April 27 (Bloomberg) -- An ex-GlaxoSmithKline Plc attorney accused of covering up the company’s improper marketing of its antidepressant drug Wellbutrin SR is a “lawyer who went too far,” a federal prosecutor said as her trial began.
Lauren Stevens, former vice president and associate general counsel for London-based Glaxo, is charged with impeding an inquiry in 2002 and 2003 by the U.S. Food and Drug Administration into the marketing of the drug for uses not approved by the FDA.
“This is a case about a lawyer who put loyalty to her company above fidelity to the truth and to the law,” said Patrick Jasperse, a Justice Department lawyer, during opening statements today in Greenbelt, Maryland, federal court. “This is a case about a lawyer who went too far, from aggressively representing her company to breaking the law.”
Stevens, 61, of Durham, North Carolina, is charged with one count of obstructing an official proceeding, one count of falsifying and concealing documents and four counts of making false statements. The first two charges are punishable by a maximum of 20 years in prison while the others carry terms of as long as five years.
Stevens’s attorney, Reid Weingarten, told the jury that she never intended to mislead the FDA and that she relied on the advice of in-house lawyers at Glaxo as well as its outside law firm King & Spalding in crafting her company’s responses to the agency.
“Everything she did in this case was utterly inconsistent with an intent to deceive the government,” Weingarten said. Stevens made a good-faith effort to respond to the government while properly protecting her client, he said.
Glaxo hasn’t been charged with crimes related to the Wellbutrin investigation, prosecutors said.
The FDA contacted Glaxo in October 2002, seeking information after receiving allegations that the company had promoted Wellbutrin for unapproved uses, specifically weight loss, according to the indictment.
Stevens told the FDA she would collect materials about Glaxo’s promotion of the drug, which was approved only for a single use, “the treatment of a major depressive disorder in patients age 18 or older,” according to the indictment.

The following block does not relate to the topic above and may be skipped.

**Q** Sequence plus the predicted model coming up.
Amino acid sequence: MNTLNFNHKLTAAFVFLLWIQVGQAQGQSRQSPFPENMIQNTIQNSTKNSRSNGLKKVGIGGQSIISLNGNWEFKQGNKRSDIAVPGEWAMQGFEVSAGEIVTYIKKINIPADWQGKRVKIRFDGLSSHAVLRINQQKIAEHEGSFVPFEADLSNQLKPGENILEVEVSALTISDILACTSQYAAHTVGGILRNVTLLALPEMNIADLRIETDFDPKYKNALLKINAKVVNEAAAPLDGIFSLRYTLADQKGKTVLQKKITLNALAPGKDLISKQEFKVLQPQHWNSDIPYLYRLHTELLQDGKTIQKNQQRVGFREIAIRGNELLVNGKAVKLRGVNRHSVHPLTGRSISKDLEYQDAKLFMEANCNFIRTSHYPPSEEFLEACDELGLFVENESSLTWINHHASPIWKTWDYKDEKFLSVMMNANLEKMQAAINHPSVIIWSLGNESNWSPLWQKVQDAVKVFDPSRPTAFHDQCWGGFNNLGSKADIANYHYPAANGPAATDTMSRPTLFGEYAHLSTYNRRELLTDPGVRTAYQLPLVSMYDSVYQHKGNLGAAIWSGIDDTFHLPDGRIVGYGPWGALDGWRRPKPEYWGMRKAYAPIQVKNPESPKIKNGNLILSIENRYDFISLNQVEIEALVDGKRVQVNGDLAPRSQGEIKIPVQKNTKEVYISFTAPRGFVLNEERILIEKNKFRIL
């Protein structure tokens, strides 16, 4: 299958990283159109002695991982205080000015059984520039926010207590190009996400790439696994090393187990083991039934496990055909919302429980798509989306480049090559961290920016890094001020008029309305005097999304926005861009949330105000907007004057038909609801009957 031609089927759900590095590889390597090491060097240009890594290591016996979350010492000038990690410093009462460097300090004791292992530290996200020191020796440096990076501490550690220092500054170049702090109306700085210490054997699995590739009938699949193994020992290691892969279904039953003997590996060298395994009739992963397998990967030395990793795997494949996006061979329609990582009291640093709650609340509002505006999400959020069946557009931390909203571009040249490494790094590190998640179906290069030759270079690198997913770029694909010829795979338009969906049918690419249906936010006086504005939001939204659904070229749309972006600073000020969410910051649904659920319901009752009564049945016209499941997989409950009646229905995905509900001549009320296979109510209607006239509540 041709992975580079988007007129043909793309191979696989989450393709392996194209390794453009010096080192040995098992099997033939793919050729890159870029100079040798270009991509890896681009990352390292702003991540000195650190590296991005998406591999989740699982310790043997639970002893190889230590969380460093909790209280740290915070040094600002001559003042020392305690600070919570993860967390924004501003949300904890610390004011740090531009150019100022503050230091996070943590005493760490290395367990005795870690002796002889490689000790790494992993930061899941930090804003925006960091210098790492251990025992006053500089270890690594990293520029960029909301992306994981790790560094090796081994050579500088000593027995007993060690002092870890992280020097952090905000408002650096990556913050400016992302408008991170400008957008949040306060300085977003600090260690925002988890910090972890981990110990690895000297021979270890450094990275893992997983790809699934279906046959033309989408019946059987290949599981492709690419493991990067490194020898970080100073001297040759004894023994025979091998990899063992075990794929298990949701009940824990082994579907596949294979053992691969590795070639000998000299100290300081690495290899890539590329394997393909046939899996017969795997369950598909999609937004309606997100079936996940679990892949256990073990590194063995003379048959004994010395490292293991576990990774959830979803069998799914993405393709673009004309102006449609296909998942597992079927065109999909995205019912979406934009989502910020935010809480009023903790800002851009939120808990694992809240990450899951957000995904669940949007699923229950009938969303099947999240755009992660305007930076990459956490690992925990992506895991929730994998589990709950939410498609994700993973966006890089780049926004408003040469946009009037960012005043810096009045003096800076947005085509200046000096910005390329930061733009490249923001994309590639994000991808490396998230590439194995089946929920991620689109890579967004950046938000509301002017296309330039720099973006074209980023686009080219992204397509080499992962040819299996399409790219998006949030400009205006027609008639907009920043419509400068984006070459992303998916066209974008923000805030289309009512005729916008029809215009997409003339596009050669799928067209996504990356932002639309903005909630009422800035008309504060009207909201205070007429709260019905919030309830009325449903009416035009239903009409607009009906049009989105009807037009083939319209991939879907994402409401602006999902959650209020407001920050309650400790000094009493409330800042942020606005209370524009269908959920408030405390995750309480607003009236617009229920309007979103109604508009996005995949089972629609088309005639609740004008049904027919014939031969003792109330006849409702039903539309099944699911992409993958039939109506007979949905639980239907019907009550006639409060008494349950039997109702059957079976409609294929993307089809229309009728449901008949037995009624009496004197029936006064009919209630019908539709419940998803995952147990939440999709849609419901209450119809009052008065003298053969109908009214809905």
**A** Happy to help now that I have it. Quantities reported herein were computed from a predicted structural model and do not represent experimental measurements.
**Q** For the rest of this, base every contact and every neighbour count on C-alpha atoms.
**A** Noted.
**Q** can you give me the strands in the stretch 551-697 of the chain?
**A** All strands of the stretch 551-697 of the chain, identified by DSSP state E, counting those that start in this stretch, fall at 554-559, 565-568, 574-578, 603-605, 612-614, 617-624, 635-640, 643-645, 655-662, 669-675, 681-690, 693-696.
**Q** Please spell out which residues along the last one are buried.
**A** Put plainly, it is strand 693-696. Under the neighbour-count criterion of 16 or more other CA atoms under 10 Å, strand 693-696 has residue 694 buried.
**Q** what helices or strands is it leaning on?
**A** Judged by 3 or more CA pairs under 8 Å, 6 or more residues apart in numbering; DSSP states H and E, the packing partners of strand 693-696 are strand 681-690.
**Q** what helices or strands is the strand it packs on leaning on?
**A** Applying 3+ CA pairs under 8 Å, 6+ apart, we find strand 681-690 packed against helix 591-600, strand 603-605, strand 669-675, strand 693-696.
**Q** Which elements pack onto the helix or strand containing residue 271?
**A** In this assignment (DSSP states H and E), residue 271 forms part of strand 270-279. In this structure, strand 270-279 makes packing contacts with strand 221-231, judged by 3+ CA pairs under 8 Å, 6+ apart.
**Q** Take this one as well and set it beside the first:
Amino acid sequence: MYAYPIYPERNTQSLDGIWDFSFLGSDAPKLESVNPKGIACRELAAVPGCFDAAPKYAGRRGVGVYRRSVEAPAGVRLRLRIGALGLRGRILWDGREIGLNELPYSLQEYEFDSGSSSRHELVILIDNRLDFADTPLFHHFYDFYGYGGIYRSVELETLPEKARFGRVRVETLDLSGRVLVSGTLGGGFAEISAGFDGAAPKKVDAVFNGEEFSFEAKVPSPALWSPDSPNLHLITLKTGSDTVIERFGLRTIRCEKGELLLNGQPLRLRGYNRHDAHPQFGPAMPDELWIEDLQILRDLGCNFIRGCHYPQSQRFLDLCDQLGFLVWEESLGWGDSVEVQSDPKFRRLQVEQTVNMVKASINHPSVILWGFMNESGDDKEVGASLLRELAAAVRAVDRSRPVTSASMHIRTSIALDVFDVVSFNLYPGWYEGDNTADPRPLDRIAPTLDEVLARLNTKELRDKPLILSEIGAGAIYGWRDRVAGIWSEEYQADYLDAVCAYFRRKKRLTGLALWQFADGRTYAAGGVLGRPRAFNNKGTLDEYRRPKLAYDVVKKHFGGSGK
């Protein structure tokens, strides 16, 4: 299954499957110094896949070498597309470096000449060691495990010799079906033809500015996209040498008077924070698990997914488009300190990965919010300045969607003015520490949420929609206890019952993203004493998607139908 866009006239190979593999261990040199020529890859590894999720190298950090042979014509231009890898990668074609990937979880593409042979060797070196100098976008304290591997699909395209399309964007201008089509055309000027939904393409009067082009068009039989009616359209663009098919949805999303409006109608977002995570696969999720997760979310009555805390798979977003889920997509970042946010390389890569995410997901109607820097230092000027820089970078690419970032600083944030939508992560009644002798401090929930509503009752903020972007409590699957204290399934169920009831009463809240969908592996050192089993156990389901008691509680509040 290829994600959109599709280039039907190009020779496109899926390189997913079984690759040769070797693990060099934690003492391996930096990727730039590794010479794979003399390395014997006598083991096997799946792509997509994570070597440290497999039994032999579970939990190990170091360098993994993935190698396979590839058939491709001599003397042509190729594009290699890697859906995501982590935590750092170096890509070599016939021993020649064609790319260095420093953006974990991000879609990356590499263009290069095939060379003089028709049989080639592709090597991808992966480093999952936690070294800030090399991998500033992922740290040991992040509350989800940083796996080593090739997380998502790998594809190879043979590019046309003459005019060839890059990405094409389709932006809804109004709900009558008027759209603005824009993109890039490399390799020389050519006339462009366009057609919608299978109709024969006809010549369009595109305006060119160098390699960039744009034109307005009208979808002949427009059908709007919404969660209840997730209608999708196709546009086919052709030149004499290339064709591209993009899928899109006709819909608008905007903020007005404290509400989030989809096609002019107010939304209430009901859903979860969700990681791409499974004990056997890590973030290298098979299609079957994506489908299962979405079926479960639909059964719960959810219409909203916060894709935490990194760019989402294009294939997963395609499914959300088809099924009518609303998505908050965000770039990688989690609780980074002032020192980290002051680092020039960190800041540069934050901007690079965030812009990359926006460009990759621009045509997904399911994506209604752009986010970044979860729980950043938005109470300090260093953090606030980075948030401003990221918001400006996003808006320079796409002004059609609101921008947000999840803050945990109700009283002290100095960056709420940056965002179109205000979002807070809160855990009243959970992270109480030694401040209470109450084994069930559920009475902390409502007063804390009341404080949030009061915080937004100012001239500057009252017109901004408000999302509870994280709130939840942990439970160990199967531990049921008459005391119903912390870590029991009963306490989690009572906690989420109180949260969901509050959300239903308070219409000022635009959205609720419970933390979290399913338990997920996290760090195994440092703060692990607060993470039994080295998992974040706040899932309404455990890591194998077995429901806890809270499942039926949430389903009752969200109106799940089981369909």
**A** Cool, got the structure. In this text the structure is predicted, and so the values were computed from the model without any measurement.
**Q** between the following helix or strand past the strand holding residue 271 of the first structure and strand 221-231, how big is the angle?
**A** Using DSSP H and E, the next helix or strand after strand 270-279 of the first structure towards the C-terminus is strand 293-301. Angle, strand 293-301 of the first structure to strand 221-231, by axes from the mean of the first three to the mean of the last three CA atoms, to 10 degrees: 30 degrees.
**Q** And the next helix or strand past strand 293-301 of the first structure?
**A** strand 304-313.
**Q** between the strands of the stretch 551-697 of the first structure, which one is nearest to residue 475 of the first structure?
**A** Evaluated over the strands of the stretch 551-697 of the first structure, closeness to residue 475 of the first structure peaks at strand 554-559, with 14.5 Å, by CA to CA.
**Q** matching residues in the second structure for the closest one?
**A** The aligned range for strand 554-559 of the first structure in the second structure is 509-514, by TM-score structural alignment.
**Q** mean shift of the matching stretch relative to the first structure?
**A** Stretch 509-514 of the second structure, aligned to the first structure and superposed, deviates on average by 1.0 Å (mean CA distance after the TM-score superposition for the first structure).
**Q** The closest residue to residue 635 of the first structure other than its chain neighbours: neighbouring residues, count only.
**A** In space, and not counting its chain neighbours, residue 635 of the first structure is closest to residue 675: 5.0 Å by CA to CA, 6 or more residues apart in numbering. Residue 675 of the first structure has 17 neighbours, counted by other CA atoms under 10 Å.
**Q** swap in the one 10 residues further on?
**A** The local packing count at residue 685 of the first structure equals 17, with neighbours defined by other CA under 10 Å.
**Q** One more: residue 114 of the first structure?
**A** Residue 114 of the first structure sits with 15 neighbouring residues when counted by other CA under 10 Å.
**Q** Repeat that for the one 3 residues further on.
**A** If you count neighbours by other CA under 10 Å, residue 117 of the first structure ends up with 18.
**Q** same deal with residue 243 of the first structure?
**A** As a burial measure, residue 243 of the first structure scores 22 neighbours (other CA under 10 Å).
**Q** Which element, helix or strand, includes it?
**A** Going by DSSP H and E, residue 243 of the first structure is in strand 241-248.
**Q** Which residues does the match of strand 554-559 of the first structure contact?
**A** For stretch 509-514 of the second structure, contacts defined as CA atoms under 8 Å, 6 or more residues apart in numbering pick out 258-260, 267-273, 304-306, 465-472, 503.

Stevens sent three false letters between February 2003 and May 2003 to the FDA, failing to disclose that Glaxo had directly encouraged the use of Wellbutrin for weight loss, that it gave gifts to doctors to attend promotional talks, and that it held “special issue boards” to discuss unapproved uses, the indictment said.
Stevens withheld that the company paid a Vermont physician to speak at 511 promotional events in 2001 and 2002 to discuss off-label uses and also paid a Michigan doctor to give 488 talks, prosecutors said. Jasperse told the jury Glaxo paid the two doctors more than $1 million each for the talks.
In March 2003, Stevens got a memo from lawyers at King & Spalding that discussed the pros and cons of handing over the promotional materials gathered. One benefit of disclosure, it said, was that it “potentially garners credibility with FDA,” the indictment said.
The negatives, it said, were that it potentially demonstrated “lack of control” over sales representatives and physician speakers and could provide incriminating evidence against the company “in this or a future investigation.”
Stevens didn’t turn over the materials and said the company only promoted the drug for approved uses, according to the indictment.
When Stevens learned that a Glaxo sales representative told the FDA about off-label promotions and sent a copy of slides used by the Vermont doctor and a California physician touting unapproved uses, Stevens wrote a letter to the agency saying that while there may be “isolated deficiencies,” the evidence “clearly demonstrates” Glaxo didn’t engage in off-label promotions.
“Lauren believed this to be true when she sent the letter and believes it to be true today,” Weingarten said. “There was no official corporate policy to promote this drug for obesity.”
Stevens was charged in November. U.S. District Judge Roger Titus dismissed the indictment last month after finding prosecutors misinformed the grand jury about a key element of Stevens’s defense.
Prosecutors secured a new indictment against Stevens on April 13.
The case is U.S. v. Stevens, 10-cr-694, U.S. District Court, District of Maryland (Greenbelt).
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